[14]CWE-287Improper Authentication6.580
[15]CWE-476NULL Pointer Dereference6.54-2
[16]CWE-798Use of Hard-coded Credentials6.27+4
[17]CWE-119Improper Restriction of Operations within the Bounds of a Memory Buffer5.84-12
[18]CWE-862Missing Authorization5.47+7
[19]CWE-276Incorrect Default Permissions5.09+22
[20]CWE-200Exposure of Sensitive Information to an Unauthorized Actor4.74-13
[21]CWE-522Insufficiently Protected Credentials4.21-3
[22]CWE-732Incorrect Permission Assignment for Critical Resource4.2-6
[23]CWE-611Improper Restriction of XML External Entity Reference4.02-4
[24]CWE-918Server-Side Request Forgery (SSRF)3.78+3
[25]CWE-77Improper Neutralization of Special Elements used in a Command ('Command Injection')3.58+6

Analysis and Comment

The major difference between the 2020 and 2021 CWE Top 25 lists is the continued transition to more specific weaknesses as opposed to abstract, class-level weaknesses. A preliminary estimate suggests that the percentage of Base-level CWEs has increased from ~60% to ~71% of all Top 25 entries, and the percentage of Class-level CWEs has decreased from ~30% to ~20% of entries. Other weakness levels (e.g., category, compound, and variant) remain relatively unchanged.

While a few class-level weaknesses still exist in the list, they have declined noticeably in the ranking, as influenced by prioritization in the remapping task (see Remapping Task section below). This movement is expected to continue in future years as the community improves its mappings to more precise weaknesses.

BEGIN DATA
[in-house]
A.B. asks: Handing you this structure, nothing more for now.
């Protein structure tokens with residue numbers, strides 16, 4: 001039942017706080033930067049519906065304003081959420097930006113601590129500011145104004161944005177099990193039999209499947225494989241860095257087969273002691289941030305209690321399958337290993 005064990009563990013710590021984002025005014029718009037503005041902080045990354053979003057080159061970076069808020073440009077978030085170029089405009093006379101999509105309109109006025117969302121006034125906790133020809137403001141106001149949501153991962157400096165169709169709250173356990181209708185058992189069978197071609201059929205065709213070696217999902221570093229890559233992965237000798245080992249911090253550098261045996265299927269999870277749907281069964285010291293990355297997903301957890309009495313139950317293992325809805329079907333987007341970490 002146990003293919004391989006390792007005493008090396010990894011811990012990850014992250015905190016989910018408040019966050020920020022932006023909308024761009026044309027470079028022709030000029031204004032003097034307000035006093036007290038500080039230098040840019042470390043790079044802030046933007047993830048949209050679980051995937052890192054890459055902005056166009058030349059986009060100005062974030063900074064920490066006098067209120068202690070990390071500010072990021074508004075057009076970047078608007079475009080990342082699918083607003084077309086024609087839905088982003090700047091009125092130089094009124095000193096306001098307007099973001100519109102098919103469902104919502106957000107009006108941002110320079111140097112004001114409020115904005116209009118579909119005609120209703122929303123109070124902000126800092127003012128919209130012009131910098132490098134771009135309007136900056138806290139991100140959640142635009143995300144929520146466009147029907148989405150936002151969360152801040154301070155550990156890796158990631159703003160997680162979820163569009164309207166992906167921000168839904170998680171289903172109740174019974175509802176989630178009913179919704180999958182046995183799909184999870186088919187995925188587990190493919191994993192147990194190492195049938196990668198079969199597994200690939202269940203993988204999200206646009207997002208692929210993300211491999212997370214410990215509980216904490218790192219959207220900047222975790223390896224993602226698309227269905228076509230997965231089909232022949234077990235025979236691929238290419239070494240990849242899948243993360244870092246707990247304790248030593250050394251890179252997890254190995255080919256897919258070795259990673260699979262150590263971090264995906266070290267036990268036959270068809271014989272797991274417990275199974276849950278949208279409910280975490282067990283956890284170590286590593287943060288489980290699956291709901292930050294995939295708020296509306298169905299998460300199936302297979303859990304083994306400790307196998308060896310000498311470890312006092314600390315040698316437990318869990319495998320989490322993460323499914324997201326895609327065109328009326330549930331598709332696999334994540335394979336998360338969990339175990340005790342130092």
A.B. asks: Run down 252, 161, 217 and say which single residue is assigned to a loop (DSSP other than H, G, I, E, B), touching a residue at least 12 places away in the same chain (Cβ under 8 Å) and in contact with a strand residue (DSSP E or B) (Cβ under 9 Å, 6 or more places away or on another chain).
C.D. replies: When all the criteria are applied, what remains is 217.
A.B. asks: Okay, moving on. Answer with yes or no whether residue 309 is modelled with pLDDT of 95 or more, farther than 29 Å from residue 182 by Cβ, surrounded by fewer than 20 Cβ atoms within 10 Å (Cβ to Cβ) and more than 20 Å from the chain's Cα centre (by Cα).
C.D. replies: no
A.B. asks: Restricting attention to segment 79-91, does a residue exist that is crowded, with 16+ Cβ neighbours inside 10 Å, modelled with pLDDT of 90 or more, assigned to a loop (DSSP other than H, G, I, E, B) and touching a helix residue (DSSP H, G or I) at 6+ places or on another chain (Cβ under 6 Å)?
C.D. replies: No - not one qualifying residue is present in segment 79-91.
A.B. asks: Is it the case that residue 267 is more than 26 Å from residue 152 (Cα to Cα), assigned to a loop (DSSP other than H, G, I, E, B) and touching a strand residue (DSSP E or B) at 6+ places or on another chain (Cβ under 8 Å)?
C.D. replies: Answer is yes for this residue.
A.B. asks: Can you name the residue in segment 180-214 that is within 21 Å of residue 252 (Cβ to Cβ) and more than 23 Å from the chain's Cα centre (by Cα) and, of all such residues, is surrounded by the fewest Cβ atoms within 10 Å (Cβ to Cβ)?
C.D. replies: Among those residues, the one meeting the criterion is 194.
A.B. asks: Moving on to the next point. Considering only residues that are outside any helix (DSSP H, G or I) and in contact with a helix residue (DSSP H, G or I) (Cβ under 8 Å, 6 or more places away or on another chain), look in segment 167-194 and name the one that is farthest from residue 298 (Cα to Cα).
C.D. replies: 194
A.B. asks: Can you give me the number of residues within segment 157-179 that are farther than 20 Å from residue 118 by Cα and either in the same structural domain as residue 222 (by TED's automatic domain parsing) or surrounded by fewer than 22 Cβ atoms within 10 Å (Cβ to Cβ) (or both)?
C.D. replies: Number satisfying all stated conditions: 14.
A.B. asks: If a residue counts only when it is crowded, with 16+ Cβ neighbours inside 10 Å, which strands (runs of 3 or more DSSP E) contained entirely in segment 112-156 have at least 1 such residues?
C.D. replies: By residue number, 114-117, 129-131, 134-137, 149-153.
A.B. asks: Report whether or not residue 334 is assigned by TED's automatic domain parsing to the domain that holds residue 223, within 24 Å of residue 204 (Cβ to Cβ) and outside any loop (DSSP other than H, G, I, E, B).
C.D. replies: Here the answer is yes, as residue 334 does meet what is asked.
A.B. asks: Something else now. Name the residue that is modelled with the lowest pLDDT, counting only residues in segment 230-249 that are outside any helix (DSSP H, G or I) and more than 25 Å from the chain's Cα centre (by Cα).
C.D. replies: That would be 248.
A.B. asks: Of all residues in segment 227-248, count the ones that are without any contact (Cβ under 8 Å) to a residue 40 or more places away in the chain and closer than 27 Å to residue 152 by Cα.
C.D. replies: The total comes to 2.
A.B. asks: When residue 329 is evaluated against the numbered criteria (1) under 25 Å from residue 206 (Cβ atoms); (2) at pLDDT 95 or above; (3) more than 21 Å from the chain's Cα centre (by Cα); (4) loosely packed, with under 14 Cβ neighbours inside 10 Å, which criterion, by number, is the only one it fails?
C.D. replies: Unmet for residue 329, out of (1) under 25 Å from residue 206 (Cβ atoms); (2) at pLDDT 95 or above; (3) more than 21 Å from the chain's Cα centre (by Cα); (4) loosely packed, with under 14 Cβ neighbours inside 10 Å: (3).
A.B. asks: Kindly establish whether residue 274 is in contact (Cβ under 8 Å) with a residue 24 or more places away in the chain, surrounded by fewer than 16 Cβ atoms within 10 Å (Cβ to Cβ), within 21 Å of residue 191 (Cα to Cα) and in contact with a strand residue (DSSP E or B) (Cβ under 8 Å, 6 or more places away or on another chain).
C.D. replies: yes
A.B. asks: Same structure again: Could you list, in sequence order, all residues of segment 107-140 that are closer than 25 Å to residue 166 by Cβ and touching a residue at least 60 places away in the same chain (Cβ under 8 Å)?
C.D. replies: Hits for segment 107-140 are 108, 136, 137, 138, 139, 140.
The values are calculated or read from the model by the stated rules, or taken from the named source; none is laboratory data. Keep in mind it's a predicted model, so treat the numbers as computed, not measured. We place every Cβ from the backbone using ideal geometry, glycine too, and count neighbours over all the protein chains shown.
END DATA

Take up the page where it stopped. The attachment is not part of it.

With the relative decline of class-level weaknesses, more specific CWEs have moved up to take the place of these high-level classes, such as CWE-78 (Improper Neutralization of Special Elements used in an OS Command ('OS Command Injection')), CWE-22 (Improper Limitation of a Pathname to a Restricted Directory ('Path Traversal')), CWE-434 (Unrestricted Upload of File with Dangerous Type), CWE-306 (Missing Authentication for Critical Function), CWE-502 (Deserialization of Untrusted Data), CWE-862 (Missing Authorization), and CWE-276 (Incorrect Default Permissions). Subsequent future movement will greatly benefit users that are attempting to understand the actual issues that threaten today’s systems, as the Top 25 Team believes that Base-level weaknesses are more informative to stakeholders than Class-level weaknesses.